In the example under consideration, the instruction of the program ROM 10, which was made by the address, is read out when the status signal T1 is generated. The information set in the general purpose register 60 is read out when the status signal T4 is generated. Thus, the respective elements have their timings controlled so that the transmission of the information may not be executed as long as the status signals are not generated, even if these elements receive the control signal. As a result, the sequence of the instruction execution is correctly controlled.
The sequence of the instruction execution, which has its timing controlled by the status signals, will be described in the following specification. For example, during the generation period of the first status signal T1, the program ROM 10 is addressed, and the assigned instruction is set in the instruction register 30. During the generation period of the second status signal T2, this signal T2 is decoded by the instruction decoder 40, either to generate the various control signals or to prepare the memory address of the instruction to be subsequently read out. During the generation period of the third status signal T3, the decoded instruction (e.g., an arithmetic instruction, an interrupt instruction or an information transmission information) is executed. During the generation period of the fourth status signal T4, the executed results are either transferred to the outside or stored in an internal RAM (although not shown). The execution is shifted to the subsequent instruction in response to the generation of the subsequent new status signal T1 of a next machine cycle. Thus, the information processing system of the present invention is made operative to execute the instructions on the basis of the timings which are determined by the status signals.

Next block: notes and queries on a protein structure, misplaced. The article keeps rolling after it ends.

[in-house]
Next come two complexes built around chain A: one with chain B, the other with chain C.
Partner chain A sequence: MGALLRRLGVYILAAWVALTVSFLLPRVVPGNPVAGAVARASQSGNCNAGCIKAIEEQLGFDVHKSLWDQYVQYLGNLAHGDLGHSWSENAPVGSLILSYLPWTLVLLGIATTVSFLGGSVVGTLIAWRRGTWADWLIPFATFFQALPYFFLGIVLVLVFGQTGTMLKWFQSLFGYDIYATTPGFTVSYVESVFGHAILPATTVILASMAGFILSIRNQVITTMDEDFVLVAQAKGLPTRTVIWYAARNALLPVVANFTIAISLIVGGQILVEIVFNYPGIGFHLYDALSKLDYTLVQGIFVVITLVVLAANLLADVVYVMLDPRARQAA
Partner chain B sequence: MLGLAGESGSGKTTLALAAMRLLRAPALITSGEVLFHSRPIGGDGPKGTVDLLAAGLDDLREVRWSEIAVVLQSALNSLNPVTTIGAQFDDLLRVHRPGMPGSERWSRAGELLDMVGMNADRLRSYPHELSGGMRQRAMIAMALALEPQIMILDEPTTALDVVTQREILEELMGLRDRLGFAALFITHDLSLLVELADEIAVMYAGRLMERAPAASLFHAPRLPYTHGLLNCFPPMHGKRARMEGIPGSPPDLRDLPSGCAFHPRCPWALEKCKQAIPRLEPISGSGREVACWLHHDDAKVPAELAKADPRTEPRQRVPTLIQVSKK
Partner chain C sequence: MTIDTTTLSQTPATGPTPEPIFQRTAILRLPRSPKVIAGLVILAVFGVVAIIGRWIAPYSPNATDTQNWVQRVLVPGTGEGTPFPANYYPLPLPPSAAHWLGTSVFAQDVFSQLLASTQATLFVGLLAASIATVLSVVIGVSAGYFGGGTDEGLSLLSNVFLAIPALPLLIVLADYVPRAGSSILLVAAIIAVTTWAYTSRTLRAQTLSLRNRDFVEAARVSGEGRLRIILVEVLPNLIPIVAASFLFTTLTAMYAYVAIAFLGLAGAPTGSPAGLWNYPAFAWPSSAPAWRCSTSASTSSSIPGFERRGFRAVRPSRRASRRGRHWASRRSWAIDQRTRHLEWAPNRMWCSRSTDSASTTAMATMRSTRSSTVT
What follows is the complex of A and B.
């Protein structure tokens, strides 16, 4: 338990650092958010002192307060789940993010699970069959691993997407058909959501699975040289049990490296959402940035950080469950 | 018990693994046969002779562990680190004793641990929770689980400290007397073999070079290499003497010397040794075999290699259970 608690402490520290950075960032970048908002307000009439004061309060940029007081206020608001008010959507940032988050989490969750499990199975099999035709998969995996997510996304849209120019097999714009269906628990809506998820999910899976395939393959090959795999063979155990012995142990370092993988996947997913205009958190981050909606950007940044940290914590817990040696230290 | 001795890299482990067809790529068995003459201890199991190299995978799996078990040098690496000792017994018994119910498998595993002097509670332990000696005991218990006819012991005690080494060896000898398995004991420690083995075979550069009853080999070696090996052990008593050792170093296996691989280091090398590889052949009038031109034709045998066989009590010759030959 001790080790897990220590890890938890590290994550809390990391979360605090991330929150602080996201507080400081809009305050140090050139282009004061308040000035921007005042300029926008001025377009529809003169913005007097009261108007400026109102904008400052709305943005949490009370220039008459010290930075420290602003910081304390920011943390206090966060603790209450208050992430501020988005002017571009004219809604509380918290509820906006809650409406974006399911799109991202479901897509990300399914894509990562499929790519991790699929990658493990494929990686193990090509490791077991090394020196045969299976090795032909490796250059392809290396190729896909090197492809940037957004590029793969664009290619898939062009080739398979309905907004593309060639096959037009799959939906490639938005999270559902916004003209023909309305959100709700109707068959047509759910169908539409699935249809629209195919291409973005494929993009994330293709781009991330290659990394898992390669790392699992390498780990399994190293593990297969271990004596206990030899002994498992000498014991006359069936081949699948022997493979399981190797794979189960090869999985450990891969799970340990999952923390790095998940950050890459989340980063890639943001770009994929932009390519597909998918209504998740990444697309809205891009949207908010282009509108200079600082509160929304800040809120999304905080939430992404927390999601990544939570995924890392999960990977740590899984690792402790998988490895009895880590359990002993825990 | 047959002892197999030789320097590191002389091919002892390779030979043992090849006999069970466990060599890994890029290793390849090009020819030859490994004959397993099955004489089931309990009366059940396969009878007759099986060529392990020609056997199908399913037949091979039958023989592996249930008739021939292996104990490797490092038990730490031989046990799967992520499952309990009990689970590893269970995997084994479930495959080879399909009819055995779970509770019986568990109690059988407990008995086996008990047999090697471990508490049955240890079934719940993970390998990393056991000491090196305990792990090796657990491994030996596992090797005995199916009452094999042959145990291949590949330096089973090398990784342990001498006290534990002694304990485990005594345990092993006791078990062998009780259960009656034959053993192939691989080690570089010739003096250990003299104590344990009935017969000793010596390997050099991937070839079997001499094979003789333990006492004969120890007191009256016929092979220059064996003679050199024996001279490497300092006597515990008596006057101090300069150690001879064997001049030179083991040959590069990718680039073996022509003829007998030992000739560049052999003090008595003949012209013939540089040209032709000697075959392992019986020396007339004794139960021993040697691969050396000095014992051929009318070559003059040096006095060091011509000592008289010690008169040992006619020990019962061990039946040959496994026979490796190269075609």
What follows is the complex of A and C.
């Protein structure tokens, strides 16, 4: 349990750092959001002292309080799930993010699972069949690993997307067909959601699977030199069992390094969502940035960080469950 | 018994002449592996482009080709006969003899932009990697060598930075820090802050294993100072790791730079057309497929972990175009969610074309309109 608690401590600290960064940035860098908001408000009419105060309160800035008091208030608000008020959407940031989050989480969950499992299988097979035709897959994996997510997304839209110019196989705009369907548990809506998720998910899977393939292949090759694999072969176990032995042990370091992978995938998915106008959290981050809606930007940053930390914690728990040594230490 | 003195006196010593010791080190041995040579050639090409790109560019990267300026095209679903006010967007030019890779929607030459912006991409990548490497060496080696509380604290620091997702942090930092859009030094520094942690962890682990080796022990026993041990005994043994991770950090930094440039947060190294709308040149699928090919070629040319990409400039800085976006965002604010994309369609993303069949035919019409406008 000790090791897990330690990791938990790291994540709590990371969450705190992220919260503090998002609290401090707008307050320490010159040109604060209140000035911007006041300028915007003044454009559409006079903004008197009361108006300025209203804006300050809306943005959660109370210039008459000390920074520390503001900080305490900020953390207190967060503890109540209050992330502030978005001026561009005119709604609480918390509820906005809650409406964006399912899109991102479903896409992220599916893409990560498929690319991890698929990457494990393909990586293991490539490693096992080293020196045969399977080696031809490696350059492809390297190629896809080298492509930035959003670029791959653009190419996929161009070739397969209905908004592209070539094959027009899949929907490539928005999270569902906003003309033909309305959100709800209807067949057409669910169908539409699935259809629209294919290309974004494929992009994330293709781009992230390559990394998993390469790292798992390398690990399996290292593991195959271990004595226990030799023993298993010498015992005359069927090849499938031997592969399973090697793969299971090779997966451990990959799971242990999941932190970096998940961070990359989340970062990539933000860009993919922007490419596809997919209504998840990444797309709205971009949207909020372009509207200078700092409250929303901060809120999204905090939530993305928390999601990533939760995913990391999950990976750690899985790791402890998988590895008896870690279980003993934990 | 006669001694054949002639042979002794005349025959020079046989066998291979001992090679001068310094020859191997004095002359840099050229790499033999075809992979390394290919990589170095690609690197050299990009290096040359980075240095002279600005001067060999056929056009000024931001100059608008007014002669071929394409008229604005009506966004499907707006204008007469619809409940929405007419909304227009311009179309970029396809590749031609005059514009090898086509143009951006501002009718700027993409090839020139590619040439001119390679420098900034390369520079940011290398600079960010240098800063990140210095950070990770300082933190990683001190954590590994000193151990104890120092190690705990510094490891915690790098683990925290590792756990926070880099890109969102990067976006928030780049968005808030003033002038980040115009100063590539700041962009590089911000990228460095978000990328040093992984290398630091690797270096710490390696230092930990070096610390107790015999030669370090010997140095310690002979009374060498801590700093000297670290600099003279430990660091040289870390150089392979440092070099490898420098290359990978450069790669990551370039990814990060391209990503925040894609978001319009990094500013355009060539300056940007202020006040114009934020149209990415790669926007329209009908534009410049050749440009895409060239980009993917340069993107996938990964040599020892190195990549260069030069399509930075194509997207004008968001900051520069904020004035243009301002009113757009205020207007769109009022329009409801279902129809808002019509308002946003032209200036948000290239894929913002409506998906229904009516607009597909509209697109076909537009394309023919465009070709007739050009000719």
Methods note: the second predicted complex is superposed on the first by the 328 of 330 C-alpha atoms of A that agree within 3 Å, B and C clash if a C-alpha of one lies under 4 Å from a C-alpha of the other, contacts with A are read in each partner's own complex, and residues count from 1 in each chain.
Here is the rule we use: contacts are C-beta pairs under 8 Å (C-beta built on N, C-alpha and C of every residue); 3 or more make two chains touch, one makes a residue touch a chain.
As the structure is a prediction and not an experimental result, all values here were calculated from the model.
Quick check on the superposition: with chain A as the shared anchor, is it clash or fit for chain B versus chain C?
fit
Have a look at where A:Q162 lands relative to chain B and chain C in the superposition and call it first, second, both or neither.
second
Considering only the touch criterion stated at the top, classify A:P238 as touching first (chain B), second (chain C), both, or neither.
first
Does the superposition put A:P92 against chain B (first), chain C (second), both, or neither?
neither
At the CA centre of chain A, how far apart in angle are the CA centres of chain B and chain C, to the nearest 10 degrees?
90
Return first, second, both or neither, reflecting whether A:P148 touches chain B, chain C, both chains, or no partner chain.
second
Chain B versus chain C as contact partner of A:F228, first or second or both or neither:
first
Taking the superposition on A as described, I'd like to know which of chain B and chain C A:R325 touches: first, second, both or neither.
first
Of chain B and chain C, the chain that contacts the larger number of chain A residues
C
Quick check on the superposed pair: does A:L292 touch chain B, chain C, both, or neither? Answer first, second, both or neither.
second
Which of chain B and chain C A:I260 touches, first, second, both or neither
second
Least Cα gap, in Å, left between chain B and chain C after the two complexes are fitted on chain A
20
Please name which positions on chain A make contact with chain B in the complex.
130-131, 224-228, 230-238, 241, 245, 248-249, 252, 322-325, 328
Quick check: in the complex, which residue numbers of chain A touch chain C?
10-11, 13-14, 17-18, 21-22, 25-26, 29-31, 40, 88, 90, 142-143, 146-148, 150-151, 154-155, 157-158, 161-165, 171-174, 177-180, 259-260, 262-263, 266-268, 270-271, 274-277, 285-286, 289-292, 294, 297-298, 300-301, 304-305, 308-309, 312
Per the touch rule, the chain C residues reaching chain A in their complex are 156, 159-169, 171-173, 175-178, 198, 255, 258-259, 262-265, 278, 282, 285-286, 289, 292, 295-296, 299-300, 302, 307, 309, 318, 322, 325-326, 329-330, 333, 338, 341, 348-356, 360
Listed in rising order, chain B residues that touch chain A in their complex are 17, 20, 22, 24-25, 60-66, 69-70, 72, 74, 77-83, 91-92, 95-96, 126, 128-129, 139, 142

In FIG. 1, the instruction (of a binary code type), is written in advance in the program ROM 10, and is extracted and applied to the internal data bus 20 through the buffer 6, which is activated by the output signal from the AND gate 3. This instruction is fetched from the ROM 10 and put into storage in the instruction register i.e., IR) 30 (during the period of the status signal T1. The instruction codes, which are fetched into the instruction register IR 30, are decoded by the instruction decoder 40 so that the various control signals are generated at suitable timings.
Here, the terminology "suitable timings" implies that all of the control signals need not be simultaneously fed out. The instruction to be read a plurality of times from the program ROM or the instruction having a number of decode outputs (i.e., control signals), such as the 2 machine cycles instruction or the 3 machine cycles instruction leads to a generation of the control signals, divided into a plurality of groups. Even in this case, however, that instruction needs to be subjected to the timing control by the status signals. As a result, even if their output timings are different, the control signals are fed to the respective elements during predetermined time periods.
As an example of the instructions to be executed by the information processing system, the following description is directed to the output instruction for causing the content temporarily stored in the general purpose register 60 to be fed through the input/output circuit (which will be called an "I/O port") to the terminals 71 to 78. First of all, the output instruction is read out of the program ROM 10 and is decoded by the instruction decoder 40. This results in the generations of both the control signal on wire 41 for commanding a feeding of the content of the general purpose register 60 to the internal bus 20 and a signal on wire 42 for controlling the terminals 71 to 78 of the I/O port 50 as the output terminals. These executions are effected during the generation period of the status signal T4. The port 50 is made operative to feed the content of the register 60 out the external terminals 71 to 78. This content is transmitted through the buffer 5 when it is activated by the output signal from the AND gate 4. Incidentally, the timing controls may occasionally use not only the status signals but also the clock pulses φ1 and φ2.